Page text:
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Type 1 Diabetes

Type 1 Diabetes Overview

Type 1 diabetes occurs when the body's immune system destroys cells in the pancreas that produce insulin, which is needed to convert sugar (glucose) from food into energy for most of the body’s cells.

Frequently Asked Questions About Type 1 Diabetes

How can continuous glucose monitors help people with type 1 diabetes? 

CGM devices track glucose levels every few minutes throughout the day and night, providing useful information for staying in your target blood glucose range (70-180 mg/dl). In 2017, about 31% of adults with type 1 diabetes in the US used continuous glucose monitors (CGM), and this number has been increasing dramatically – in 2021, the T1D Exchange reported that more than 80% of their participants used CGM. 

What is hypoglycemia? 

Hypoglycemia refers to low blood sugar levels. A blood sugar level below 70 mg/dl (3.9 mmol/L) is typically considered hypoglycemia, and you will likely experience symptoms when your blood sugar dips this low – especially if it drops below 54 mg/dl (3.0 mmol/L).  

Symptoms of hypoglycemia include confusion, headache, irritability, trouble concentrating, fatigue, hunger, sweating, shaking, and fast heartbeat. Symptoms of severe hypoglycemia may include combativeness, disorientation, seizures, difficulty speaking, loss of consciousness, or coma.

To raise blood sugar levels, you could eat or drink a specific amount of fast-acting carbohydrates. If the person cannot eat or drink, emergency glucagon can be administered either as an injection or nasal spray. Immediate medical attention may also be required.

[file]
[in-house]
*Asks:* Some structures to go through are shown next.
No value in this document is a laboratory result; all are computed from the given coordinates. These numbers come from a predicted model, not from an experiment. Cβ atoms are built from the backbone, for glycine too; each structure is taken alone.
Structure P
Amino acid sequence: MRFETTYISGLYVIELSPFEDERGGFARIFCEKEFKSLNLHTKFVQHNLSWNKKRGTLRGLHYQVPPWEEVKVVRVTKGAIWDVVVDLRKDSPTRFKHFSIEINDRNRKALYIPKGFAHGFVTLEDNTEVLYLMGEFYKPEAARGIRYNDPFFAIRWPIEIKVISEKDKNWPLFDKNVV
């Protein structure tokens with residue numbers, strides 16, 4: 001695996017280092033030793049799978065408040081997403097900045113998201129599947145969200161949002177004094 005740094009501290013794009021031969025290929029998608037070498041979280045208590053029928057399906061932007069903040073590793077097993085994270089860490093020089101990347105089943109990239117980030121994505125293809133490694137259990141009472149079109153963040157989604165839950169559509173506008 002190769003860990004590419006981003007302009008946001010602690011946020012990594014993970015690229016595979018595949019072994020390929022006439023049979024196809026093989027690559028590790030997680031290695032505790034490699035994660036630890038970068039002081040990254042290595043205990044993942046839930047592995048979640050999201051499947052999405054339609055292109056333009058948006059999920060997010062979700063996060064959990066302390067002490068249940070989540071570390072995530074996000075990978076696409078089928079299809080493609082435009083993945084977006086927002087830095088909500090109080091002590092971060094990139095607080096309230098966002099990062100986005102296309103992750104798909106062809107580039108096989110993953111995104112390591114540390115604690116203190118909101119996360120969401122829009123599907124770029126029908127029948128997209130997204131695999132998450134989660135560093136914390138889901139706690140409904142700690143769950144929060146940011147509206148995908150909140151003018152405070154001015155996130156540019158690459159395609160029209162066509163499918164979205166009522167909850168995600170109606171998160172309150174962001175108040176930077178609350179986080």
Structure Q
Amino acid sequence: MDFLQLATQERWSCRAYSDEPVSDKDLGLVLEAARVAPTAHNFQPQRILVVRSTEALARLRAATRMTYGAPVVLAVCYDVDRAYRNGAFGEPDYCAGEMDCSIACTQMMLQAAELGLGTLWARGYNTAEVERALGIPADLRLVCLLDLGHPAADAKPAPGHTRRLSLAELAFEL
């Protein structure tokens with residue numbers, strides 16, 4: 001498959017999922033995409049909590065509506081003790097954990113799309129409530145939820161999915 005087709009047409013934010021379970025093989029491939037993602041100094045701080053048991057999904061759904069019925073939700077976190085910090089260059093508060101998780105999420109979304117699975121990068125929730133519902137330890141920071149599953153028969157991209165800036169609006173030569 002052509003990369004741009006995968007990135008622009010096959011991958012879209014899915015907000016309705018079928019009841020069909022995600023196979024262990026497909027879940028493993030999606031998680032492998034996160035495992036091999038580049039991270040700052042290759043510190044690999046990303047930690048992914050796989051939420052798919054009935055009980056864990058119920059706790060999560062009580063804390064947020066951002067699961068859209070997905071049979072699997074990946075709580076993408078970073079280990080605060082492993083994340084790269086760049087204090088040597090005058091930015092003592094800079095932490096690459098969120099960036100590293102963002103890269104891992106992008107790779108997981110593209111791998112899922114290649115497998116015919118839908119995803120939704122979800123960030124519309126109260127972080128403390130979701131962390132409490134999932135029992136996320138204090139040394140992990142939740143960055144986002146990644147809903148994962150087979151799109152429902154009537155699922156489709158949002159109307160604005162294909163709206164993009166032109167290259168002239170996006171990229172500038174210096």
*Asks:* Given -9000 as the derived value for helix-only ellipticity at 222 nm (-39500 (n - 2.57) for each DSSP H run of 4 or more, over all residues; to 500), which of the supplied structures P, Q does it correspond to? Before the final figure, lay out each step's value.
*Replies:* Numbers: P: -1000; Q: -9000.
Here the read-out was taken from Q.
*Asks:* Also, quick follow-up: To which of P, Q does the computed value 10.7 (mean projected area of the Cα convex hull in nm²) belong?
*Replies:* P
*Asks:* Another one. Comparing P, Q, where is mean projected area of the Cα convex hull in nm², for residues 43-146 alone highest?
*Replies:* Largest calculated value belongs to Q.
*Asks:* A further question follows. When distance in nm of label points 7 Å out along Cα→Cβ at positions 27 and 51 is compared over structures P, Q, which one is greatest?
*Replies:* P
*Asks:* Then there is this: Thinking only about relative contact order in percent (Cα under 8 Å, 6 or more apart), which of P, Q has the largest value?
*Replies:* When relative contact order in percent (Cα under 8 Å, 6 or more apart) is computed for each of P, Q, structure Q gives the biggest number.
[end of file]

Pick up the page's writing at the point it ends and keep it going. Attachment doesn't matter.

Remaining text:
Signs of hypoglycemia

  • Hunger
  • Sweating
  • Shaking
  • Fast heartbeat
  • Headache
  • Trouble concentrating
  • Fatigue
  • Irritability 
  • Confusion

Severe hypoglycemia

During severe hypoglycemia you may experience different symptoms that indicate that your brain doesn’t have enough glucose to properly function.

Signs of severe hypoglycemia

  • Confusion
  • Combativeness 
  • Disorientation
  • Seizures
  • Loss of consciousness

What is hyperglycemia?  

Hyperglycemia refers to high blood sugar levels. A blood glucose level of 180 mg/dl (10 mmol/l) or higher is considered hyperglycemia and can result in acute symptoms, especially if more than 250 mg/dl (13.9 mmol/L). Over a long period of time, hyperglycemia may lead to complications.

Symptoms for hyperglycemia are sometimes subtle, but if present, they include frequent and excessive urination and increased thirst, weight loss, blurry vision, confusion, and headache.

Signs of hyperglycemia

  • Increased thirst
  • Frequent urination
  • Extreme hunger
  • Unexplained weight loss
  • Presence of ketones in the urine (ketones increase in the body when there's not enough available insulin)
  • Fatigue
  • Irritability
  • Blurred vision
  • Slow-healing sores
  • Frequent infections (including gums, skin, and vaginal infections)

What is diabetic ketoacidosis?

Diabetic ketoacidosis (DKA) is a condition that can occur with diabetes and usually is associated with hyperglycemia. DKA can occur when the body breaks down fatty acids for energy in an uncontrolled manner, and the blood becomes acidic. Symptoms of DKA include nausea and vomiting, abdominal pain, shortness of breath, fruity-smelling breath, confusion, and loss of consciousness. If someone with type 1 diabetes is showing any signs of DKA, that person should immediately measure blood ketones levels and seek medical attention.

Please note this page is not a comprehensive list of all the available resources.